Authors

Contributions

LCQ, ZGL, and SJS contributed to the study design. LCQ, CKM, and LJY collected the data. CJ and HGY made the data analysis. LCQ and ZGL wrote the paper. CFY, WSQ, WYB, XJ, and SJS revised the manuscript. All authors read and approved the final manuscript.

Corresponding author

Correspondence to Jun Xia.

Ethics declarations

Ethics approval and consent to participate

Informed consent was obtained from all the individual participants included in the study. This study was approved by the institutional review board of Huashan Hospital, Fudan University.

Consent for publication

Not applicable.

Competing interests

The authors declare that they have no competing interests.

Additional information

Publisher’s Note

Springer Nature remains neutral with regard to jurisdictional claims in published maps and institutional affiliations.

Supplementary Information

Additional file 1:

Table S1. Association between over-hang and tibial bone resorption at 2 years. Table S2. Association between alignment and tibial bone resorption at 2 years after surgery. Table S3. Association between alignment and PROMS (KSS total-post and WOMAC pain-post) at 2 years after surgery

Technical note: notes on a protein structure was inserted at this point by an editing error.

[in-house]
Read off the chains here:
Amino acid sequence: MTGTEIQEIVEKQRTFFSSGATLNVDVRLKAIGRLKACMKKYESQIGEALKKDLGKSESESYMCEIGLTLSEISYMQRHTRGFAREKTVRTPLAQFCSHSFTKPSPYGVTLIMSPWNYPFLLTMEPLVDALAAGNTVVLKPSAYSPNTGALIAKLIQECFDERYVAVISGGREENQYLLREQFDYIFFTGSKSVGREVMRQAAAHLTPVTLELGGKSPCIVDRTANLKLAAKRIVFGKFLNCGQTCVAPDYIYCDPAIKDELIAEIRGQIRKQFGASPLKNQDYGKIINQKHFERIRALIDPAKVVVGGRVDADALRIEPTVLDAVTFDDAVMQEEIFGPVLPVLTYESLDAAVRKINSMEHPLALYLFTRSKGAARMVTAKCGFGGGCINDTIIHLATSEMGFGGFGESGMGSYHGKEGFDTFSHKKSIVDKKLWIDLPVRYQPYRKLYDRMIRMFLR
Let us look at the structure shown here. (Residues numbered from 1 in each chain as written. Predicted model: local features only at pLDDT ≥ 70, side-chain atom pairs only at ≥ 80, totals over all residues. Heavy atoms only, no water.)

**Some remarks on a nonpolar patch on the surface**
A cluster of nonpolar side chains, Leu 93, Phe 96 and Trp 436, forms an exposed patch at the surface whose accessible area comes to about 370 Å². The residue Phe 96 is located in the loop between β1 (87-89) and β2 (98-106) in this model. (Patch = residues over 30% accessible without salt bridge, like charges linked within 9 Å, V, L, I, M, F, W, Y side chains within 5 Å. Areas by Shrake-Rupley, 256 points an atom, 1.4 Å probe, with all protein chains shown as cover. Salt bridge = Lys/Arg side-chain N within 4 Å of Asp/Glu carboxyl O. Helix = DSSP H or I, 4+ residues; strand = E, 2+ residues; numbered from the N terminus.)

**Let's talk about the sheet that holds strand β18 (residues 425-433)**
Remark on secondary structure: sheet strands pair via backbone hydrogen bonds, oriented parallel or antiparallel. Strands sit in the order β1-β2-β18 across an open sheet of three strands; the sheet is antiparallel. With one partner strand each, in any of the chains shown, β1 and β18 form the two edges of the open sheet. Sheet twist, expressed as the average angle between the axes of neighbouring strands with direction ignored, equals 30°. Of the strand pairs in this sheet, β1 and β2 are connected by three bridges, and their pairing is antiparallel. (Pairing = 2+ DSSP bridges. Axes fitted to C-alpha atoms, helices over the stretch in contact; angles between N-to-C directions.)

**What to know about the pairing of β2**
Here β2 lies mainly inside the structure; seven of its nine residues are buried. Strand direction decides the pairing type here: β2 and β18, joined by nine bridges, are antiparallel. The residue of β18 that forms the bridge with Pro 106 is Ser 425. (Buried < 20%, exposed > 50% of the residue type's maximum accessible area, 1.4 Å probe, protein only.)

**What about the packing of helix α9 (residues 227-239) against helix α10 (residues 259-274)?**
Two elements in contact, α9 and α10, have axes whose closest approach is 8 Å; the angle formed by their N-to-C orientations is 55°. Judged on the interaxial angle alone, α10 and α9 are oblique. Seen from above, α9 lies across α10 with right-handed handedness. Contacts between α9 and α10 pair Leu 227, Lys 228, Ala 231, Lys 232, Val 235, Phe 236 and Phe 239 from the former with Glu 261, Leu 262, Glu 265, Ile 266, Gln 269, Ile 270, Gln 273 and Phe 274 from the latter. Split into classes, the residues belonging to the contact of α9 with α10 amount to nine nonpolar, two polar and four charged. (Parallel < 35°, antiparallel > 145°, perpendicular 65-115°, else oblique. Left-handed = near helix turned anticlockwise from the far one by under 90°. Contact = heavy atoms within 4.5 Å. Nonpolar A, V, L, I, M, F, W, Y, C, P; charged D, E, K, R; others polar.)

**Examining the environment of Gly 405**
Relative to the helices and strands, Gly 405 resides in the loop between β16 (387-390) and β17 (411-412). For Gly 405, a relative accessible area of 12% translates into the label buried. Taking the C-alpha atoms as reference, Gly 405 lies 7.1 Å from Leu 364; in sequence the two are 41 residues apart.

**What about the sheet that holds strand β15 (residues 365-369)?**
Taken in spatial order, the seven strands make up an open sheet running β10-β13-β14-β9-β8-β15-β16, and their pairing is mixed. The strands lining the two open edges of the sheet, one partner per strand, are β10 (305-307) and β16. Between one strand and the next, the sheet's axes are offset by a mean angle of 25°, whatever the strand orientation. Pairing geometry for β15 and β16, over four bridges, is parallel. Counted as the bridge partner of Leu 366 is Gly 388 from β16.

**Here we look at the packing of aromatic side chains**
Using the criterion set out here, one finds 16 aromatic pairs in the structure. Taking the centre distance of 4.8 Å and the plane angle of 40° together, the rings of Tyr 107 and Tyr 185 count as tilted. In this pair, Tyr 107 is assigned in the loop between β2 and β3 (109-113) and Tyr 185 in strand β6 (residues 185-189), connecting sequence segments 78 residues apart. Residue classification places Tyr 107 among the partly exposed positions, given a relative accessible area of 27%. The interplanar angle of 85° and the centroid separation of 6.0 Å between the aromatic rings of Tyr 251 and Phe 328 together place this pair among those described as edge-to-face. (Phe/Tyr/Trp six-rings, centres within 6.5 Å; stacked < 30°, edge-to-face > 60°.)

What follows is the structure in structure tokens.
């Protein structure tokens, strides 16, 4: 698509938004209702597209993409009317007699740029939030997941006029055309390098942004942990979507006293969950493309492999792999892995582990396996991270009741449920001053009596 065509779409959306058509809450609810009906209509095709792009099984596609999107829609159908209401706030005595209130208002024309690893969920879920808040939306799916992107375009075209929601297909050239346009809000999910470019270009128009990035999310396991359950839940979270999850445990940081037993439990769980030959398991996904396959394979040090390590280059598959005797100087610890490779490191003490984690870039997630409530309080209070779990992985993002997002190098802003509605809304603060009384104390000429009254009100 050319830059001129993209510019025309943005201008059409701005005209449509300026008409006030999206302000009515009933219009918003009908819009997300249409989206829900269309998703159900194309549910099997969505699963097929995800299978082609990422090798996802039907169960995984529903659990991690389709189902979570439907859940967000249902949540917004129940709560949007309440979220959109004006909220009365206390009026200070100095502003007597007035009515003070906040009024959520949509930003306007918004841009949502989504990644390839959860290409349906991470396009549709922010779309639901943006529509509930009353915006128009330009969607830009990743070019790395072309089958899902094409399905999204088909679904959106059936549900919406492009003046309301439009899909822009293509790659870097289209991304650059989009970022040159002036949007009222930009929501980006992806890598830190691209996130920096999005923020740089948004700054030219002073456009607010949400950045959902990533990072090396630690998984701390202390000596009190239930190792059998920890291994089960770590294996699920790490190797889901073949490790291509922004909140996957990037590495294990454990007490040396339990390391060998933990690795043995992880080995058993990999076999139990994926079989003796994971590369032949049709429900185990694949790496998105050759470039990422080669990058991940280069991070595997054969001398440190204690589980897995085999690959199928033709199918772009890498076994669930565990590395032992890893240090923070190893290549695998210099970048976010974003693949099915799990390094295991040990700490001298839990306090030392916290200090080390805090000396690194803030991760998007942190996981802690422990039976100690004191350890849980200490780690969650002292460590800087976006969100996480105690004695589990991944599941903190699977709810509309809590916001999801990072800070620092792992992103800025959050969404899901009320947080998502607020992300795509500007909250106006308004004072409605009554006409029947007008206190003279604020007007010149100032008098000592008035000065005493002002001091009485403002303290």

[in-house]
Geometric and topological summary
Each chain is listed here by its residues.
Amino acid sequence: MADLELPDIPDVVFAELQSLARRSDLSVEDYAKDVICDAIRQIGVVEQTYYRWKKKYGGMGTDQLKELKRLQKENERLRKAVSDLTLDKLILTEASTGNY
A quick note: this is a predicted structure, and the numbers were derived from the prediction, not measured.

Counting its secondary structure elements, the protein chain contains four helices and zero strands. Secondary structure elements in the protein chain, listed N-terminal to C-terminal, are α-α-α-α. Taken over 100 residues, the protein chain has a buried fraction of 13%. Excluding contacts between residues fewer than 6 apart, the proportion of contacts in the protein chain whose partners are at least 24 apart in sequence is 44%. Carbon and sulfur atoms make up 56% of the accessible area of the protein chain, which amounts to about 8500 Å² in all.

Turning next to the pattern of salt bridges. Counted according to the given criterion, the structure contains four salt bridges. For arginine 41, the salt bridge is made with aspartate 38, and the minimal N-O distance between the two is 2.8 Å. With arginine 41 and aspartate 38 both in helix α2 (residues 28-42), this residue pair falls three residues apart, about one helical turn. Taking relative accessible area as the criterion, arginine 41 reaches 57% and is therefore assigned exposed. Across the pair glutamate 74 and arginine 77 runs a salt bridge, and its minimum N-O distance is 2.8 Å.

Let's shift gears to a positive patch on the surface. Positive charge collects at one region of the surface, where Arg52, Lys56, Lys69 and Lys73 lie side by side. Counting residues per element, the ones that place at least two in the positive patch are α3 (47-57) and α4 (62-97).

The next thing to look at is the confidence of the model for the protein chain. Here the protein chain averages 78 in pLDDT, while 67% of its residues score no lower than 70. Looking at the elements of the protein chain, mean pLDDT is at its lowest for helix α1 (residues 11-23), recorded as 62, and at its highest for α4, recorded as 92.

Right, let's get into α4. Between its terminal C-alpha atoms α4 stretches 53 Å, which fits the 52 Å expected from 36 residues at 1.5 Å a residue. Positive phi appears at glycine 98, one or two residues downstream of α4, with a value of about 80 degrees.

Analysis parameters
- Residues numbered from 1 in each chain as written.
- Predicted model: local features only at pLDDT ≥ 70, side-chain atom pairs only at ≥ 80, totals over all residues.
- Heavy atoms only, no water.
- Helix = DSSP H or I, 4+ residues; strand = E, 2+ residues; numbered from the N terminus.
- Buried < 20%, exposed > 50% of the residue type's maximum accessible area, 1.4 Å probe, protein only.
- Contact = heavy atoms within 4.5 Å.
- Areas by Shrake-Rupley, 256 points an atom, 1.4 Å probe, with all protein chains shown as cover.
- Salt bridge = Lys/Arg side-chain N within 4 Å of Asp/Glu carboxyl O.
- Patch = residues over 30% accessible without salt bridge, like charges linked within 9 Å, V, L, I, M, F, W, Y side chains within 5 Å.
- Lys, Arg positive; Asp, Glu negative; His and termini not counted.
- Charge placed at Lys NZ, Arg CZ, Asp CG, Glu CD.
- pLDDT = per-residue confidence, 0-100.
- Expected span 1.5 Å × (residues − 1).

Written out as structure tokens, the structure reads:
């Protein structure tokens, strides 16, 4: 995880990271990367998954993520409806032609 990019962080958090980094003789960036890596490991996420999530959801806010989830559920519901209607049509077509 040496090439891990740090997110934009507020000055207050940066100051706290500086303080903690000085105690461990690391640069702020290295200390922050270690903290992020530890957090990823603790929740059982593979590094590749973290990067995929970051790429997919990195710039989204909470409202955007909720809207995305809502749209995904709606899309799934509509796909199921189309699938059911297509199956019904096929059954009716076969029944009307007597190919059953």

Rights and permissions

Open Access This article is licensed under a Creative Commons Attribution 4.0 International License, which permits use, sharing, adaptation, distribution and reproduction in any medium or format, as long as you give appropriate credit to the original author(s) and the source, provide a link to the Creative Commons licence, and indicate if changes were made. The images or other third party material in this article are included in the article's Creative Commons licence, unless indicated otherwise in a credit line to the material. If material is not included in the article's Creative Commons licence and your intended use is not permitted by statutory regulation or exceeds the permitted use, you will need to obtain permission directly from the copyright holder. To view a copy of this licence, visit http://creativecommons.org/licenses/by/4.0/. The Creative Commons Public Domain Dedication waiver (http://creativecommons.org/publicdomain/zero/1.0/) applies to the data made available in this article, unless otherwise stated in a credit line to the data.

Reprints and Permissions

About this article

Verify currency and authenticity via CrossMark

Cite this article

Liu, C., Zhao, G., Chen, K. et al. Tibial component coverage affects tibial bone resorption and patient-reported outcome measures for patients following total knee arthroplasty. J Orthop Surg Res 16, 134 (2021). https://doi.org/10.1186/s13018-021-02250-7

Download citation

Keywords

  • Tibial component coverage
  • Under-hang
  • Over-hang
  • Alignment
  • Patient-reported outcome measures
  • Tibial bone resorption
  • Total knee arthroplasty